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Partners for Fish and Wildlife

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 Table of Contents 

  1. What is the Nebraska Partners for Fish and Wildlife Program? 
  2. What types of projects does the NE PFW Program assist with in the Rainwater Basin region? 
  3. What kind of assistance may be available? 
  4. Do I have to allow public access to my land?  
  5. How do I get assistance with a wildlife project on my property? 

 

What is the Nebraska Partners for Fish and Wildlife Program?

The Nebraska Partners for Fish and Wildlife Program (NE PFW Program) first began in 1989. Our mission is to conserve, protect, and enhance fish and wildlife and their habitats on private (non-federal) lands. Technical and financial assistance is provided to landowners who voluntarily restore wetlands and other fish and wildlife habitat on their land. The objective of the Nebraska PFW Program is to work cooperatively with landowners and other partners throughout the State to restore and maintain habitat for Federal trust species. Partners include landowners, other Federal agencies, State and local governments, conservation organizations, academic institutions, businesses, and private individuals.

Although our program covers the entire state, there are eight main focus areas where we conduct the majority of our work, including the Sandhills, the North Platte River, the Central Platte River, Eastern Tallgrass Prairie, the Loess Canyons, and the Rainwater Basins. 

 

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What types of projects does the NE PFW Program assist with in the Rainwater Basin region?

 

The Nebraska Partners for Fish and Wildlife Program is primarily interested in the restoration or enhancement of naturally occurring Rainwater Basin wetlands for the benefit of migratory birds. Most of these wetlands range in size from one acre up to 40 acres. A few are larger than 1,000 acres. Rainwater Basin wetlands are characteristically shallow, with flat bottoms and gently sloping sides. Water depth in each wetland varies with the ideal level being eight inches or less. These wetlands fill with runoff from snowmelt, springtime rains, and intense summer storms. By mid- to late-summer, all but the largest wetlands were usually dry.  Smaller temporary and seasonal wetlands are usually dominated by annual moist soil plants while larger semi-permanent wetlands are filled with native plant life like bulrushes, pondweeds and smartweeds. To a landowner in south-central Nebraska, a Rainwater Basin is often referred to as a low spot in the field or an area with little economic value. When landowners can plant a crop, these crops frequently drown out. The NE PFW Program, in conjunction with their partners, focus on finding a win-win solution for both the landowner and wildlife by offering programs that provide landowners with alternatives to farming on areas not conducive to growing crops.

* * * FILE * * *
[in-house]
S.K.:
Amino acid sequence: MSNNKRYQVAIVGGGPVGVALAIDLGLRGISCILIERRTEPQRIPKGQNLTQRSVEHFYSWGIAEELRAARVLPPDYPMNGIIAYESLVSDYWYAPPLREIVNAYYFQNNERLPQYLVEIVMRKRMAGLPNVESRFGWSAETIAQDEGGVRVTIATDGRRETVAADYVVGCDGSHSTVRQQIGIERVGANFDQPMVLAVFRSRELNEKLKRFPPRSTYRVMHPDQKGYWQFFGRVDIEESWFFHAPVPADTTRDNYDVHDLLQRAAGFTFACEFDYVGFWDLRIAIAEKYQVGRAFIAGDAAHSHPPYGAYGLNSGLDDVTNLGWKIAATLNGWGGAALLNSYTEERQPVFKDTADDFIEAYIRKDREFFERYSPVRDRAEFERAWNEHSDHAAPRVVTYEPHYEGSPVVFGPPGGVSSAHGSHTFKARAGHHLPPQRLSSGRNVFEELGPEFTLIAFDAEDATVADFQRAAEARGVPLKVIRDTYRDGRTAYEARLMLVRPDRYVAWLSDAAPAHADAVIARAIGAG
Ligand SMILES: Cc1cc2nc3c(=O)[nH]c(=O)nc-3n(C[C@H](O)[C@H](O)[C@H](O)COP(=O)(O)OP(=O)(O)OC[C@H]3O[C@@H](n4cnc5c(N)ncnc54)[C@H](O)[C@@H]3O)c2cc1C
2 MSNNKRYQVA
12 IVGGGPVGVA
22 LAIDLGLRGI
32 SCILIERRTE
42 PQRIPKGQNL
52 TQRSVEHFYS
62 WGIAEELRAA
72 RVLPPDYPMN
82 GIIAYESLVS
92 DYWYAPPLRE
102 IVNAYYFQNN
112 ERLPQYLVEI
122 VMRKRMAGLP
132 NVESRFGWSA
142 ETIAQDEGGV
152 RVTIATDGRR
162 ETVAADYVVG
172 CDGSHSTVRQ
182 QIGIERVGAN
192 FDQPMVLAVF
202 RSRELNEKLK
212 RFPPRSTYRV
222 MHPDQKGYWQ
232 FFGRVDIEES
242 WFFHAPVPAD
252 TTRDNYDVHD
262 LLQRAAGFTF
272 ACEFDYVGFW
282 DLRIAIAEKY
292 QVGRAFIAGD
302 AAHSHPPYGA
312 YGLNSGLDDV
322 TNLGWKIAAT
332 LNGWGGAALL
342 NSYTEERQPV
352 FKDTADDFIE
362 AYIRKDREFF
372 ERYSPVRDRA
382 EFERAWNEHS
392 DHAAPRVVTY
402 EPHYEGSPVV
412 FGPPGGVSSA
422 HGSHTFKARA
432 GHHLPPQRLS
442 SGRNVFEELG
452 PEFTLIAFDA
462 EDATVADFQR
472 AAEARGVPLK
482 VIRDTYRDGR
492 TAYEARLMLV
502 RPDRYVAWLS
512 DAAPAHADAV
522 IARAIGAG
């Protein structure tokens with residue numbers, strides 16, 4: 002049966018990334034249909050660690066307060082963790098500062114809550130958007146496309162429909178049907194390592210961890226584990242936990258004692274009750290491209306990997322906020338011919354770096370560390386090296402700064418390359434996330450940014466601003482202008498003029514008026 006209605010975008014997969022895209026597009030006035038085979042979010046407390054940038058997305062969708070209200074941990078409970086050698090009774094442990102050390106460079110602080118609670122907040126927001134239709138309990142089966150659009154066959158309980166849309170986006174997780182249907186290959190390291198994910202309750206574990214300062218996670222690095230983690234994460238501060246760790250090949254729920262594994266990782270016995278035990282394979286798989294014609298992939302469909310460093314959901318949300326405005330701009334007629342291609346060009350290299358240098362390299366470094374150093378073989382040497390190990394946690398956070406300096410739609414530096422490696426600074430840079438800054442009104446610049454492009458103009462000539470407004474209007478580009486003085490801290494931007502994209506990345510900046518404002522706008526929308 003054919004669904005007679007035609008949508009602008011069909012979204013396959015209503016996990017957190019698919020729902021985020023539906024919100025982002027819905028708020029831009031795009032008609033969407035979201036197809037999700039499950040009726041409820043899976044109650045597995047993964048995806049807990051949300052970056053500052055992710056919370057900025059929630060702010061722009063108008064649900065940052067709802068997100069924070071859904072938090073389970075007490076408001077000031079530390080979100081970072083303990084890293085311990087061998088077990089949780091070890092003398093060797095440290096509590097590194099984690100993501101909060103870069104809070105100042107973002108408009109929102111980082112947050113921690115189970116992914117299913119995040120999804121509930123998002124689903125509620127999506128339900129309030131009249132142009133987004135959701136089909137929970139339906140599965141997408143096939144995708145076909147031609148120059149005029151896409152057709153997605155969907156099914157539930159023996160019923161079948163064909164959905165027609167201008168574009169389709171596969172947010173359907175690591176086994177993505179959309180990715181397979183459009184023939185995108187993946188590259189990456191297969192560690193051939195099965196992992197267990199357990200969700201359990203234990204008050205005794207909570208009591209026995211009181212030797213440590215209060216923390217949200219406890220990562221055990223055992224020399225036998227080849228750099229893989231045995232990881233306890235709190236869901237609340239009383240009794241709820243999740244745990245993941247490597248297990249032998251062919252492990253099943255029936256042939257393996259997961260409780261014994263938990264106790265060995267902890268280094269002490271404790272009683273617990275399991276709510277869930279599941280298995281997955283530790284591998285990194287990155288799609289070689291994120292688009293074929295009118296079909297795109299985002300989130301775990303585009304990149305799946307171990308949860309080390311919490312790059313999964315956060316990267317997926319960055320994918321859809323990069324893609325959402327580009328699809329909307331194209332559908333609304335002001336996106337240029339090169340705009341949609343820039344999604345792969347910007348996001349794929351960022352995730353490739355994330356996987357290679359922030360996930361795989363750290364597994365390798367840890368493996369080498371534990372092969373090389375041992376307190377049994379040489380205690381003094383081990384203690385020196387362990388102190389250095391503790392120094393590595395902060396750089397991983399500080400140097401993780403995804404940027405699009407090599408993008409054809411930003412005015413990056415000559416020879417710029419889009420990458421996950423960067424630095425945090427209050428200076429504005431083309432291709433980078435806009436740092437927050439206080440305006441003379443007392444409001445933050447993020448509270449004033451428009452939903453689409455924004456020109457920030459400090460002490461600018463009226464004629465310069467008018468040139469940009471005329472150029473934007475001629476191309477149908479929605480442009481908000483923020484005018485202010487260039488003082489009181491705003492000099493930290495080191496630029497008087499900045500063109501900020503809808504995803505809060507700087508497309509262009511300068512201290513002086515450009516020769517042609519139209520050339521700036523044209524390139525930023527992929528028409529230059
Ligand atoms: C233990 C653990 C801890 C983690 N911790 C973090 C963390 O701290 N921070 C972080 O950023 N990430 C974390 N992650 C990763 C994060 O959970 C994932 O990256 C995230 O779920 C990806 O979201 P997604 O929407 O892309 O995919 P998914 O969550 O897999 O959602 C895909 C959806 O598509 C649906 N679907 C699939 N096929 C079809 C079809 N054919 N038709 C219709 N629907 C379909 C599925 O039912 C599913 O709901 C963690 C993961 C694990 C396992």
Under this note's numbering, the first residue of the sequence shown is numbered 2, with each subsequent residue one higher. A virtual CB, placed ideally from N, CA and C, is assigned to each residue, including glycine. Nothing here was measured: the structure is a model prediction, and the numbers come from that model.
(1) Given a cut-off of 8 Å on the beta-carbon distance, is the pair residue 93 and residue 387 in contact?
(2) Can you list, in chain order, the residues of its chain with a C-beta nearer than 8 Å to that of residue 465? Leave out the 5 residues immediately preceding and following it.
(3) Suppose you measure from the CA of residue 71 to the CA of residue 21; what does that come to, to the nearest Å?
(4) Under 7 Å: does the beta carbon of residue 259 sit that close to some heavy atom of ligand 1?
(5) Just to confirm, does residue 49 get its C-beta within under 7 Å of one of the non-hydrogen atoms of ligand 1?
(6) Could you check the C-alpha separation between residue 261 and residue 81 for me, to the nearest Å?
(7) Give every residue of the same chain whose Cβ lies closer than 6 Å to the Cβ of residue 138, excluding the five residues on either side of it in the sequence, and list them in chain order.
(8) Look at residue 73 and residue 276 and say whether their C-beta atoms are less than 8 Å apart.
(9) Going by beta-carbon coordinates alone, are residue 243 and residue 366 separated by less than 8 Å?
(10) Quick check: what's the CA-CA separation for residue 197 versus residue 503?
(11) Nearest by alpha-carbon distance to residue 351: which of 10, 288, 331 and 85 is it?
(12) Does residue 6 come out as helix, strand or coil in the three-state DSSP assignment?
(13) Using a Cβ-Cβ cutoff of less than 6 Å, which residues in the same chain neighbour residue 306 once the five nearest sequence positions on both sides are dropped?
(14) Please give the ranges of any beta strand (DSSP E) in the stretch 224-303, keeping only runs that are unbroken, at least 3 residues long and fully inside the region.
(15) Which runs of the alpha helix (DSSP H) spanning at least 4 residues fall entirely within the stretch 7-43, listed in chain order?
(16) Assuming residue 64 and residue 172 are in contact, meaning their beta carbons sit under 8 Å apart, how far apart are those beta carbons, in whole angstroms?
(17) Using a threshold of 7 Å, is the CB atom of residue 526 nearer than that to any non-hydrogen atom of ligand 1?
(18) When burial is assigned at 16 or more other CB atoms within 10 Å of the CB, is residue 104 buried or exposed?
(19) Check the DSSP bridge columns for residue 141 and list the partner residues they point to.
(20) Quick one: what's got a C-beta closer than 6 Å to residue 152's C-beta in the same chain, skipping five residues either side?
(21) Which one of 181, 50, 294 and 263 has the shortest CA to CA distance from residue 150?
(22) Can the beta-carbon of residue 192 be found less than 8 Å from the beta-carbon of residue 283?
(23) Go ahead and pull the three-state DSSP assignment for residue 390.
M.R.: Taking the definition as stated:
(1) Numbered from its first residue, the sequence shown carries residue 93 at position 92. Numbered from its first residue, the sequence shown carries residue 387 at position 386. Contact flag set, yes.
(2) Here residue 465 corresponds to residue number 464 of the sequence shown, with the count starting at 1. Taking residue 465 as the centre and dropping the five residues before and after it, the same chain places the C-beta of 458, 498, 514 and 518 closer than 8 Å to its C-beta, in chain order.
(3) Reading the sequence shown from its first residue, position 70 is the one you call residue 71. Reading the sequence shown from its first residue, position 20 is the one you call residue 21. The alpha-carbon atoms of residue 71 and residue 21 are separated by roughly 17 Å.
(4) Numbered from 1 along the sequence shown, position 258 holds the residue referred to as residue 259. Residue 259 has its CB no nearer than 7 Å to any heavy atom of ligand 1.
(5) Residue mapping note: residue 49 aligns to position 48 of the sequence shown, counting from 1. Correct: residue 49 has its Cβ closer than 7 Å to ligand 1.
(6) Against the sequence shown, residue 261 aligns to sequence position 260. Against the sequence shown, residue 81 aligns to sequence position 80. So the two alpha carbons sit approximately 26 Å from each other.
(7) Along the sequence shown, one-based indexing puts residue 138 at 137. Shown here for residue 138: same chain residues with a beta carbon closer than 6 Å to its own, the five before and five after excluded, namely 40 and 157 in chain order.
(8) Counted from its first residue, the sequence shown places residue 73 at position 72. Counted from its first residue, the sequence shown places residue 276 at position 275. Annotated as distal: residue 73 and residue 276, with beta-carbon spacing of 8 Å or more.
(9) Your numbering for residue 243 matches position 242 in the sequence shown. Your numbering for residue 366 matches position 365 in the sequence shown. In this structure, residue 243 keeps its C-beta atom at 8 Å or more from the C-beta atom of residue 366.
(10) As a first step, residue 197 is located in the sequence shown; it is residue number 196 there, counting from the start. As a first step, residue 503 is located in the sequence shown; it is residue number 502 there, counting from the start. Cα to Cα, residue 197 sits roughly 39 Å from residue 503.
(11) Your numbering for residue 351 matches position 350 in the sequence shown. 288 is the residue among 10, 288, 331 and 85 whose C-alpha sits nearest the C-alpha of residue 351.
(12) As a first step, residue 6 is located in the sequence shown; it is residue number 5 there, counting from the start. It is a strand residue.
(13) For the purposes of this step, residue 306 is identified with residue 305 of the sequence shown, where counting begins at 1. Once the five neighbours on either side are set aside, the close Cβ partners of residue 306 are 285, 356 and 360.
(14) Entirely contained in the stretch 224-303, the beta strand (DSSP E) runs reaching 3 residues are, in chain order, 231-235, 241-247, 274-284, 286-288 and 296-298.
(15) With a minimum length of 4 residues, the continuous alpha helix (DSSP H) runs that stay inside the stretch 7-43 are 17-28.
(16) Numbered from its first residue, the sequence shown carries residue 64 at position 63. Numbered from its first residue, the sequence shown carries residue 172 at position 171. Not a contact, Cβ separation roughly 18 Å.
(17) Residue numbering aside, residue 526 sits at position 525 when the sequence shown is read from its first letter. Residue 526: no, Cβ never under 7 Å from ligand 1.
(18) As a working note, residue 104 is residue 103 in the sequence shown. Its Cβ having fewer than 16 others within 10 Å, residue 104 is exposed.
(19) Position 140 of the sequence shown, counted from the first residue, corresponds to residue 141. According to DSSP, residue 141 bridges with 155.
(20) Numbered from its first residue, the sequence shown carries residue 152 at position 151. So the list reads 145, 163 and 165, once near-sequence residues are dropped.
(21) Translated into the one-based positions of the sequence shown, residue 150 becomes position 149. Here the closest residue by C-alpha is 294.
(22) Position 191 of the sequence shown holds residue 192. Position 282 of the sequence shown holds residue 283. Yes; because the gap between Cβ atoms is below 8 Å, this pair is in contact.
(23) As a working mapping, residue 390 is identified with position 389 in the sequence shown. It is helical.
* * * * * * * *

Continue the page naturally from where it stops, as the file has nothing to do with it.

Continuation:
The Rainwater Basin Partners Program does not provide funding for stock or fish pond construction. We can provide technical assistance that can help you improve your existing pond for general wildlife use. If you already have a pond and are interested in stocking it with fish, contact the Nebraska Game and Parks Commission.

 

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What kind of assistance may be available?

Do you have an idea, but need a little help to make it work? We can provide informal advice on the design and location of potential projects, or we can assist with the design and funding of projects under a voluntary cooperative agreement with the landowner. Under a short-term conservation agreement, a landowner agrees to maintain the restoration project as specified in the agreement for 10 years. Our agreement is a Wildlife Extension Agreement, which outlines the work to be completed, the partners responsibilities, and the funding sources.

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Do I have to allow public access to my land?

No. You are not required to open up your land to the public. U.S. Fish and Wildlife employees may occasionally access the project area to check on its progress.

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How do I get assistance with a wildlife project on my property?

If you wish to speak with a private lands biologist regarding a potential wetland or other wildlife habitat project in the Rainwater Basin region, please contact:

 

 Laurel Badura                       Kenny Dinan 
 Wildlife Biologist    State Coordinator
 Cell: (308) 440-1388    
 Office: (308) 263-3000 ext. 107    (308) 382-6468 ext. 13
 laurel_badura@fws.gov    kenny_dinan@fws.gov


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Last Updated: Mar 17, 2014
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